Directory of Open Access Journals (Sweden)

    Alfredo Tifi

    2013-03-01

    Full Text Available Different significance of collaborative concept mapping and collaborative argumentation in Case Based Learning are discussed and compared in the different perspectives of answering focus questions, of fostering reflective thinking skills and in managing uncertainty in problem solving in a scaffolded environment. Marked differences are pointed out between the way concepts are used in constructing concept maps and the way meanings are adopted in case based learning through guided argumentation activities. Shared concept maps should be given different scopes, as for example a as an advance organizer in preparing a background system of concepts that will undergo transformation while accompanying the inquiry activities on case studies or problems; b together with narratives, to enhance awareness of the situated epistemologies that are being entailed in choosing certain concepts during more complex case studies, and c after-learning construction of a holistic vision of the whole domain by means of the most inclusive concepts, while scaffoldedcollaborative writing of narratives and arguments in describing-treating cases could better serve as a source of situated-inspired tools to create-refine meanings for particular concepts.

  13. Digital case-based learning system in school.

    Science.gov (United States)

    Gu, Peipei; Guo, Jiayang

    2017-01-01

    With the continuing growth of multi-media learning resources, it is important to offer methods helping learners to explore and acquire relevant learning information effectively. As services that organize multi-media learning materials together to support programming learning, the digital case-based learning system is needed. In order to create a case-oriented e-learning system, this paper concentrates on the digital case study of multi-media resources and learning processes with an integrated framework. An integration of multi-media resources, testing and learning strategies recommendation as the learning unit is proposed in the digital case-based learning framework. The learning mechanism of learning guidance, multi-media materials learning and testing feedback is supported in our project. An improved personalized genetic algorithm which incorporates preference information and usage degree into the crossover and mutation process is proposed to assemble the personalized test sheet for each learner. A learning strategies recommendation solution is proposed to recommend learning strategies for learners to help them to learn. The experiments are conducted to prove that the proposed approaches are capable of constructing personalized sheets and the effectiveness of the framework.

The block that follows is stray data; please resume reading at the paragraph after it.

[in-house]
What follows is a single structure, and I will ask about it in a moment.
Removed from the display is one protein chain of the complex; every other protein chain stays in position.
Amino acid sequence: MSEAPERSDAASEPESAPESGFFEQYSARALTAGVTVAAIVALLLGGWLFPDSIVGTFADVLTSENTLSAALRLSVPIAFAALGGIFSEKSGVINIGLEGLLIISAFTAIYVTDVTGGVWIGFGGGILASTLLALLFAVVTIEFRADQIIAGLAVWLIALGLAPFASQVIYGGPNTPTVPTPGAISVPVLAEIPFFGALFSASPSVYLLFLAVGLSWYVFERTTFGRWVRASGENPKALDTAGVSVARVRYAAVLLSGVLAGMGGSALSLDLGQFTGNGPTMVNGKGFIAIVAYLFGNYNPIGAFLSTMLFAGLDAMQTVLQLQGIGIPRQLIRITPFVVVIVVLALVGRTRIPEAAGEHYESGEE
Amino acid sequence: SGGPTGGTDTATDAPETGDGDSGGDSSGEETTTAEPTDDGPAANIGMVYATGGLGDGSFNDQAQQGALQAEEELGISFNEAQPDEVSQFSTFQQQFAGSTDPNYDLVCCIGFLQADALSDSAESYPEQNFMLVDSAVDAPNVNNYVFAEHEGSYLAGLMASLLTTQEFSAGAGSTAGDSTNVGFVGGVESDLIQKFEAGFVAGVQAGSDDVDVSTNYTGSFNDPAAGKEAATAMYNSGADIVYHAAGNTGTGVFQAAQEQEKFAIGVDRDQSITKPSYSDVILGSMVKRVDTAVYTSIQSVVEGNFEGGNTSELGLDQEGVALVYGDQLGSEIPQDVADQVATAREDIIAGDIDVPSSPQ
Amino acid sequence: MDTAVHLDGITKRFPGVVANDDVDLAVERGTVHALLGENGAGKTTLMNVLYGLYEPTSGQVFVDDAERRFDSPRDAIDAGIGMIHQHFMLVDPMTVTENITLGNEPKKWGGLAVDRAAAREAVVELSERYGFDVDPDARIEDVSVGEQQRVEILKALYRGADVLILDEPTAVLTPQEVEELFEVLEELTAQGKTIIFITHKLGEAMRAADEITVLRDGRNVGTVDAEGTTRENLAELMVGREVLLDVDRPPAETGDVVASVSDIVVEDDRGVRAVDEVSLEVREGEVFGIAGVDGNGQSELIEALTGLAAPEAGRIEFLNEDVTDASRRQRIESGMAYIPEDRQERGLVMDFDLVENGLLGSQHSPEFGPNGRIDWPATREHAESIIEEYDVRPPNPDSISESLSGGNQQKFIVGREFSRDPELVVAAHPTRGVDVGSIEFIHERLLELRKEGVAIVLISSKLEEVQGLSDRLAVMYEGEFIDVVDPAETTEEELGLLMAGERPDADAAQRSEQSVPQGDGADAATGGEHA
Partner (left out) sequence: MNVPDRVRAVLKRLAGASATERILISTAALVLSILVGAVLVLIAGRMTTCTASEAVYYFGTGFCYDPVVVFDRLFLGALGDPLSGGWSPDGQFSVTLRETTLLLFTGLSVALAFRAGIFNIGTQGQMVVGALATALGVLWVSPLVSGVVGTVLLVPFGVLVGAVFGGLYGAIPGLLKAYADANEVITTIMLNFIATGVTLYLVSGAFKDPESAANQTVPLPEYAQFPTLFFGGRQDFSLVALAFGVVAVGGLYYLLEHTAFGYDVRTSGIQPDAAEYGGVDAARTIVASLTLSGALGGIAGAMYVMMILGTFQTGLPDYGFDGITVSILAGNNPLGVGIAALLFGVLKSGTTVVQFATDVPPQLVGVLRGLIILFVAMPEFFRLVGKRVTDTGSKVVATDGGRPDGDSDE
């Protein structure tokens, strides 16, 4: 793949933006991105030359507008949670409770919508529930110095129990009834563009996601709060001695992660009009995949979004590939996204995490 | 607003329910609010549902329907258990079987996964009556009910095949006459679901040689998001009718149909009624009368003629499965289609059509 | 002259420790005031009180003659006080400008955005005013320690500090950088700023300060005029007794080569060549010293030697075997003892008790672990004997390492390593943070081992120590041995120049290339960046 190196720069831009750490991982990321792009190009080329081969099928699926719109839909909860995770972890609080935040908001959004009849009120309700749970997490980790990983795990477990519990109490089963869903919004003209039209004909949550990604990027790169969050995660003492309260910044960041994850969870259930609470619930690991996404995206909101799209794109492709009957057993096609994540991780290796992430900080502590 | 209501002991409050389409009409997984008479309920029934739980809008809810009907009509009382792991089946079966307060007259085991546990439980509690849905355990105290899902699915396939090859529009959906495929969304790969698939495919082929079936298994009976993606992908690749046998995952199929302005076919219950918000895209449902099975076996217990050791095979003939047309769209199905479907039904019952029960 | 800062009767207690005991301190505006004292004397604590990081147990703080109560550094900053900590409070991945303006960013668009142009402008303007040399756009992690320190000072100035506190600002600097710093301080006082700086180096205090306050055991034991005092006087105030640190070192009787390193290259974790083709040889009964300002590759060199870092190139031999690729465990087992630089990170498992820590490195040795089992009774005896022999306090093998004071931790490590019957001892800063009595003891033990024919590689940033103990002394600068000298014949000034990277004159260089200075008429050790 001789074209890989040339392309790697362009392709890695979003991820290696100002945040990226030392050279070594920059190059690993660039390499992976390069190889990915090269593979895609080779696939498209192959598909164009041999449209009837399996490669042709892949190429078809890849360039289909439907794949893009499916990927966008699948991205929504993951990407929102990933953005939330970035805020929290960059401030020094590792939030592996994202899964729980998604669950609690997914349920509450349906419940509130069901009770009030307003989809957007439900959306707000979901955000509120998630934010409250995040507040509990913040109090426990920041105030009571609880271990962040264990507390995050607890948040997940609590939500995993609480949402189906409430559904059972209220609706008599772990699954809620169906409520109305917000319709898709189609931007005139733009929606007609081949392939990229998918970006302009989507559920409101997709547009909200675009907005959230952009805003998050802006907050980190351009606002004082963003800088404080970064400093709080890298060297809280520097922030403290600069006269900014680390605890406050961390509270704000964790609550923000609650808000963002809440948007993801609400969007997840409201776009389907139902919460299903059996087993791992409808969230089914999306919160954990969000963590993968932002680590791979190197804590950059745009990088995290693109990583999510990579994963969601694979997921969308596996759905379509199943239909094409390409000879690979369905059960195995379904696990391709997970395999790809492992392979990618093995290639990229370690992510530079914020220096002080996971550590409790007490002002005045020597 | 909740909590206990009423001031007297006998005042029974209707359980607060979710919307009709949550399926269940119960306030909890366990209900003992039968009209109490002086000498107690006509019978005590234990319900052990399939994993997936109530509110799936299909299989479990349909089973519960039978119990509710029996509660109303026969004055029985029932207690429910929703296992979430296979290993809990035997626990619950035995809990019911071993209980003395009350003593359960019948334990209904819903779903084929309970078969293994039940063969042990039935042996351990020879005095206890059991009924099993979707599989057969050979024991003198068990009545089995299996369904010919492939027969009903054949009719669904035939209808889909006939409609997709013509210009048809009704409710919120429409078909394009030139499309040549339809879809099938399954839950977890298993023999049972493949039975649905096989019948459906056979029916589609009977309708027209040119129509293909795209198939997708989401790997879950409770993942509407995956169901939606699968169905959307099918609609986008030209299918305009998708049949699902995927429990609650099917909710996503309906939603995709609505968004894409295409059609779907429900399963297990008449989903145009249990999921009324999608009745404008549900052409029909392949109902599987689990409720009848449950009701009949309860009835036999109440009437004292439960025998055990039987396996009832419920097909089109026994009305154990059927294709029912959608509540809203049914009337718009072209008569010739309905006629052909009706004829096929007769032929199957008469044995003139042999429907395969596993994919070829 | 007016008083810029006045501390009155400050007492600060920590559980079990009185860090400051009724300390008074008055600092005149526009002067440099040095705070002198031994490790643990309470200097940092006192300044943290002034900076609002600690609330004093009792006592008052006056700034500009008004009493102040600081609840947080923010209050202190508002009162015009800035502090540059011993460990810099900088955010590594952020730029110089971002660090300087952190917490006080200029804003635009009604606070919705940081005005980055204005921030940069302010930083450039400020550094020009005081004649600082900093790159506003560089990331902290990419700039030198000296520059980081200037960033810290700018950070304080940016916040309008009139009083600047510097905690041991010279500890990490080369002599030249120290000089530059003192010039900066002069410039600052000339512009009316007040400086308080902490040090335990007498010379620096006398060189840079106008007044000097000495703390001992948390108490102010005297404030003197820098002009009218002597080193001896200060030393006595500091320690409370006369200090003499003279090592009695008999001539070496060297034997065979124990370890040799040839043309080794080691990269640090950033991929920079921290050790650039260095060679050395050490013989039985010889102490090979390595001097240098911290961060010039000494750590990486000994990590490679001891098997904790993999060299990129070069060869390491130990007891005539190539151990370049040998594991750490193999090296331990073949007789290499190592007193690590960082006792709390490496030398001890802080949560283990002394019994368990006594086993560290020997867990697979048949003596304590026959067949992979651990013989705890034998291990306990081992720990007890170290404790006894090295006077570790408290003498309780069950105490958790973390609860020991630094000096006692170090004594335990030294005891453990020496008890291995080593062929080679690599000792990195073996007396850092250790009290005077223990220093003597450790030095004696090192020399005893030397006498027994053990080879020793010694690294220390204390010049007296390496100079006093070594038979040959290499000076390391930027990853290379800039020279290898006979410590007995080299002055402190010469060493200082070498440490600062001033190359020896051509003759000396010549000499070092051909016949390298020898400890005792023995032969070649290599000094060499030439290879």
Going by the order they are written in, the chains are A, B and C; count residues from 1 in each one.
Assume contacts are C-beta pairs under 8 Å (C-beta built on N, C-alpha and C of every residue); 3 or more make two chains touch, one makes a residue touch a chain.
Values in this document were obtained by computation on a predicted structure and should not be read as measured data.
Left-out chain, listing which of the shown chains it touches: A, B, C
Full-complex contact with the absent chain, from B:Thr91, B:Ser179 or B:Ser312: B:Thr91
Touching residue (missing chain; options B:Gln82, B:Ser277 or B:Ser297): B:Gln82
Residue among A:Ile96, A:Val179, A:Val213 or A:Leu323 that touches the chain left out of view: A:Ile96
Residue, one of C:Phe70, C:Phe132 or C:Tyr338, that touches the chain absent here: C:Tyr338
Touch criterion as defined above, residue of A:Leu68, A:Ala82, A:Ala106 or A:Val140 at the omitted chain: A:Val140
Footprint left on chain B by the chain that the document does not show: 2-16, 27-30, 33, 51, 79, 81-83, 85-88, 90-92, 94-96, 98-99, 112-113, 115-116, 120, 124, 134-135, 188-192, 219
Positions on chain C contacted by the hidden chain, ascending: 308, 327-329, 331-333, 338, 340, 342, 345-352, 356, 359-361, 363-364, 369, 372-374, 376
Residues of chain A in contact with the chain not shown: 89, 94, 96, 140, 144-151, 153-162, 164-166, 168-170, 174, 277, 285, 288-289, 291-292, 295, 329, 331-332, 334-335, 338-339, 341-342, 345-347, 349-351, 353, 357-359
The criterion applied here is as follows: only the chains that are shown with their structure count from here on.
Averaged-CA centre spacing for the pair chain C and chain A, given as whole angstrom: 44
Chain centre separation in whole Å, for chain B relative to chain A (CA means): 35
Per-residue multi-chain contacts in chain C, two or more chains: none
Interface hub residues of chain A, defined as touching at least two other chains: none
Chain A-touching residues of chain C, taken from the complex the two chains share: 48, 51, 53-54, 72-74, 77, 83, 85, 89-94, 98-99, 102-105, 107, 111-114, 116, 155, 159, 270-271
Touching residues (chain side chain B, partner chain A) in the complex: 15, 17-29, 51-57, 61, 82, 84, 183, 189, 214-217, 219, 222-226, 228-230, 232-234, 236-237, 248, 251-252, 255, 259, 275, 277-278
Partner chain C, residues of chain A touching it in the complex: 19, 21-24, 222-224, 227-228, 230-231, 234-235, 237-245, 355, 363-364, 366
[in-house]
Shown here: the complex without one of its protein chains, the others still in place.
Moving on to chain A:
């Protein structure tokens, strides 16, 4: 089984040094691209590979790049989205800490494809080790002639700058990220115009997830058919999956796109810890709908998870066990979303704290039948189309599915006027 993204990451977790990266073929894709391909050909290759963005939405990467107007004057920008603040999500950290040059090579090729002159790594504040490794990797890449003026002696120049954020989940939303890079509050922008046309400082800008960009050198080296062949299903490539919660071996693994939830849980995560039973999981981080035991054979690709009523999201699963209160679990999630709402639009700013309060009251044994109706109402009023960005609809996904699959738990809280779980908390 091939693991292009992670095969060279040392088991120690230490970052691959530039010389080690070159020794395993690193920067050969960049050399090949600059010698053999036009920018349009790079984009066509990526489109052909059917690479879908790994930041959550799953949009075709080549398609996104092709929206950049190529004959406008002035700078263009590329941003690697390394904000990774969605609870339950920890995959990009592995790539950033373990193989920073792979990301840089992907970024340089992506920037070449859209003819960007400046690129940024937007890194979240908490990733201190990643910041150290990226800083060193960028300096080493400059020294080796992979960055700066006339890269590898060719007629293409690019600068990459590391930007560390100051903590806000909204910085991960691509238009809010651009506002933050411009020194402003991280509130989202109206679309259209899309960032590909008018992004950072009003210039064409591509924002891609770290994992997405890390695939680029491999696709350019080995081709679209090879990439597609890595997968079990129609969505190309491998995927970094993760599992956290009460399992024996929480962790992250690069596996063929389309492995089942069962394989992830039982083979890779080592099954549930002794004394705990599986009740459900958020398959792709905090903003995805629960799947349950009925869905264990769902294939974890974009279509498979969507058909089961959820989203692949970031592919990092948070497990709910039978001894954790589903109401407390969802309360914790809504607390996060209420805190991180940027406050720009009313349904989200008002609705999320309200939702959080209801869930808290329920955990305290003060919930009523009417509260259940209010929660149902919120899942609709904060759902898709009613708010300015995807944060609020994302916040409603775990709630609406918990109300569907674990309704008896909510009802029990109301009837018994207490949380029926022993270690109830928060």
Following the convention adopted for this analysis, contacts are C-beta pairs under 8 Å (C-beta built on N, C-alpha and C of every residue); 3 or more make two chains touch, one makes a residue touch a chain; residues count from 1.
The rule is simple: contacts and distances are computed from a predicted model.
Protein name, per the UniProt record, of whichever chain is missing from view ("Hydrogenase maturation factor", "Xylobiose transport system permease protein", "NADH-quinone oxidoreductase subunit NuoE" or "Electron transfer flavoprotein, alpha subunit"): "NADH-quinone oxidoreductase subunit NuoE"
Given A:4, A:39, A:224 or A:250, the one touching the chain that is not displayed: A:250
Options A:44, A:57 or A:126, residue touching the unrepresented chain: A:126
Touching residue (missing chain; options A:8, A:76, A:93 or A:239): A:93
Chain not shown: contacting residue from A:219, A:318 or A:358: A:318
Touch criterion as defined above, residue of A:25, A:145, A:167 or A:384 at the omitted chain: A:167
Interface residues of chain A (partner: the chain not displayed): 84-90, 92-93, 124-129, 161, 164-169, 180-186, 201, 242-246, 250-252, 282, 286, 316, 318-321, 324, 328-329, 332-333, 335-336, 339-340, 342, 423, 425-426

14. Digital case-based learning system in school.

    Directory of Open Access Journals (Sweden)

    Peipei Gu